Friday, June 16, 2023

Grumpy Indiana Jones and the Melancholy Journey Through Time

Your impressions on Indiana Jones and the Dial of Destiny will largely be determined by your threshold for how far an Indiana Jones film can go before nuking the fridge (so to speak). The Ark of the Covenant and the Holy Grail? Great. Sacred glowing stones? Weird, but sure, okay. But jumping into the realm of aliens or time travel through clocks is, for me, a bridge too far as the latest entry to the franchise ultimately feels as much as a successor to Angelina Jolie's Tomb Raider as Raiders of the Lost Ark.

The fifth film in the franchise gives us a grumpy old professor (Harrison Ford) on the eve of retirement pulled back into the field one last time by his goddaughter (Phoebe Waller-Bridge) on a quest that relates to the opening sequence set at the end of WWII aboard a Nazi train of relics. One of these is half a clock of Archimedes which, if myth is to believed, can provide time travel when fully assembled. (Feel those Tomb Raider vibes now? They'll only get stronger as the film heads into its final act).

The fun hijinks at the beginning featuring CGI Indy start off strong (even if the effect doesn't look quite right in certain lighting), but the film loses steam once catching up to an anarchistic Indiana Jones at the end of the 1960s. We get plenty of callbacks and cameos to other films, but Dial of Destiny can't quite ever capture the magic of Indiana Jones at his prime. Indiana Jones and the Dial of Destiny isn't a bad film. It's a hollow echo we recognize, but even its best moments don't ring nearly as loudly or vibrantly as they did decades ago.

Along with Indy, this time around we get Waller-Bridge as girl he once knew who grew up into a woman he barely recognizes hunting down artifacts purely for profit. Helena Shaw could have benefited from keeping a few more of her rough edges as she becomes predictably warm-hearted as you would expect from a Disney film. We also get a kid (Ethann Isidore) thrown in, because why not, and Mads Mikkelsen as our obsessed Nazi scientist who, not unlike Belloq in Raiders, keeps getting the upper-hand on Indy but ultimately isn't nearly as smart as he thinks he is.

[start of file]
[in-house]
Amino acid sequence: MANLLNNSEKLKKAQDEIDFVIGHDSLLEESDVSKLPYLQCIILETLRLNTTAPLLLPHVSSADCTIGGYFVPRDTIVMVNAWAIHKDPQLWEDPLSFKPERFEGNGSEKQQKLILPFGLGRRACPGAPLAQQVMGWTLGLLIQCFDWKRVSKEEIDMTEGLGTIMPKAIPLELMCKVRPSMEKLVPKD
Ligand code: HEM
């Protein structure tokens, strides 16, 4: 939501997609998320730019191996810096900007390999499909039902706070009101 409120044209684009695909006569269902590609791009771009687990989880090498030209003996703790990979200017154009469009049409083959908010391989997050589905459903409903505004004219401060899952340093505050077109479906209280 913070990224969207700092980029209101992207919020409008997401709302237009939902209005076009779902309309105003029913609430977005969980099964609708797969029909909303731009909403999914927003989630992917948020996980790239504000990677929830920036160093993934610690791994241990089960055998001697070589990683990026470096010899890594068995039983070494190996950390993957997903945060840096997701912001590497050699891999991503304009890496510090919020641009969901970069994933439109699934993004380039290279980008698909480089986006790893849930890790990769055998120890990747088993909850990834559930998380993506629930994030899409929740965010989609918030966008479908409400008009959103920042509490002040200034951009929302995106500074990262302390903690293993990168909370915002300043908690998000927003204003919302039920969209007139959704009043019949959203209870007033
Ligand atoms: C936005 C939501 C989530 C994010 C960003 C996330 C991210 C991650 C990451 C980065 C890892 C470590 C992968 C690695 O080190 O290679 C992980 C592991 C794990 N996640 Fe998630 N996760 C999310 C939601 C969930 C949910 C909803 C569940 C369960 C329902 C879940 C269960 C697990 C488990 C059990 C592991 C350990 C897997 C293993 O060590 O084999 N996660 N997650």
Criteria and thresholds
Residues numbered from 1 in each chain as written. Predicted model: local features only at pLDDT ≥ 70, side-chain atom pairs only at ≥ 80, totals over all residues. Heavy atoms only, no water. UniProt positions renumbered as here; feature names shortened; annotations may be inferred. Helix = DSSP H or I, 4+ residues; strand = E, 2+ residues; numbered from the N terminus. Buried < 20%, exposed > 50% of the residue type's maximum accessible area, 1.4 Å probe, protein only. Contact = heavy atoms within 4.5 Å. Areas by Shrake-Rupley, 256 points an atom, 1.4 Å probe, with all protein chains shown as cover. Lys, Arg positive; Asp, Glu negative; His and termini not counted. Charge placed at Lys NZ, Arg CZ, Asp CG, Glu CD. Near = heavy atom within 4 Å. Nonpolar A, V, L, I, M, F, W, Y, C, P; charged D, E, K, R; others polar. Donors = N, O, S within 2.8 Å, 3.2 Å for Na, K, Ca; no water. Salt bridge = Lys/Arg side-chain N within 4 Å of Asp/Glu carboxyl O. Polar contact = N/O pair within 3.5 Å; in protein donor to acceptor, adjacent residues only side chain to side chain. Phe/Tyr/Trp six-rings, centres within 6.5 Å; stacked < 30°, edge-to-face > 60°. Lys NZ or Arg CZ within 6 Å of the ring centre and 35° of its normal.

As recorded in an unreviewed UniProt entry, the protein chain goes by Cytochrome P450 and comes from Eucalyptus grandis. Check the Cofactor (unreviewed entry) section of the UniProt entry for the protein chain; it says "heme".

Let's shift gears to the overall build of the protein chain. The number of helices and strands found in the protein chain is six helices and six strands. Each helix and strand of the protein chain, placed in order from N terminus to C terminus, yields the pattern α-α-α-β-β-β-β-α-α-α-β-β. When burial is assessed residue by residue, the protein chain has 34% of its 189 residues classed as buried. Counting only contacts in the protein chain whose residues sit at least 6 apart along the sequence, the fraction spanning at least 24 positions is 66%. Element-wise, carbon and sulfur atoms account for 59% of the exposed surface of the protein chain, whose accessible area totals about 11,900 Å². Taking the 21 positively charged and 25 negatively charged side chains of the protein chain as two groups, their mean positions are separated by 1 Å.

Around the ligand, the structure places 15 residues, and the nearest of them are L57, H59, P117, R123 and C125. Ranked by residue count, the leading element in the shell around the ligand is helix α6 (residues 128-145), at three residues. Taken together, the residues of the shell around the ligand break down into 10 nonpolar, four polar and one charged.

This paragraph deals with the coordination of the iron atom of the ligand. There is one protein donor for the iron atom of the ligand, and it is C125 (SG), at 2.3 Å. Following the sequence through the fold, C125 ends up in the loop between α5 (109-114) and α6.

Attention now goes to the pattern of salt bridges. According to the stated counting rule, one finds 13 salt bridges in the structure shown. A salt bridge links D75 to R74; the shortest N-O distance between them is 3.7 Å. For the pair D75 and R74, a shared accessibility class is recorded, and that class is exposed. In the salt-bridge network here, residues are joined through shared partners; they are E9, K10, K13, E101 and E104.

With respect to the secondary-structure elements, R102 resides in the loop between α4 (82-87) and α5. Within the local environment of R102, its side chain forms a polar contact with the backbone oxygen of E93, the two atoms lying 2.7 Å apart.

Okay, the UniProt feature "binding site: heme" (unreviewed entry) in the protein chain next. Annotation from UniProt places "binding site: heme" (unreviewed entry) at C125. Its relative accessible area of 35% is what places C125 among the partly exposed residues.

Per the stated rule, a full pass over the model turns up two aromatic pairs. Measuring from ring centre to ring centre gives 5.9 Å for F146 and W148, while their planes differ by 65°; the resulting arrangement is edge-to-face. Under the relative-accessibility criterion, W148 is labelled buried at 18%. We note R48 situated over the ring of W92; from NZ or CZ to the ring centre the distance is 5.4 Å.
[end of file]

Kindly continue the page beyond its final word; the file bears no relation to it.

The film can't quite figure out what to do with law enforcement of the time, introducing a completely unnecessary CIA subplot making them culpable to the mad whims of a Nazi scientist and his murdering henchmen only to completely drop the matter once the story leaves the United States and heads overseas finally getting Indy back into his hat and whip. The somber tone of Indy's personal failures also cuts to the heart of the film often throwing a wet blanket on what fun it can muster. The film lacks the highs and lows of  indisputably dumb Crystal Skull, offering an more even, if less memorable, adventure. It's unlikely to cause much debate among fans because there just isn't all that much to get worked up about this time around choosing to play things safer with a heaping helping of nostalgia for fans as well.

I'd compare Dial of Destiny to a cover band that knows how to play the hits of its heroes but lacks the gravitas and understanding to adequately perform them. More than three decades later, the franchise still hasn't found a better ending than that of Indiana Jones and the Last Crusade which is how I most like to remember Indy and his companions heading off into the sunset blissfully unaware on the mediocrity that will be forced on them, and unfortunately us, decades later.

Watch the trailer
  • Title: Indiana Jones and the Dial of Destiny
  • IMDb: link

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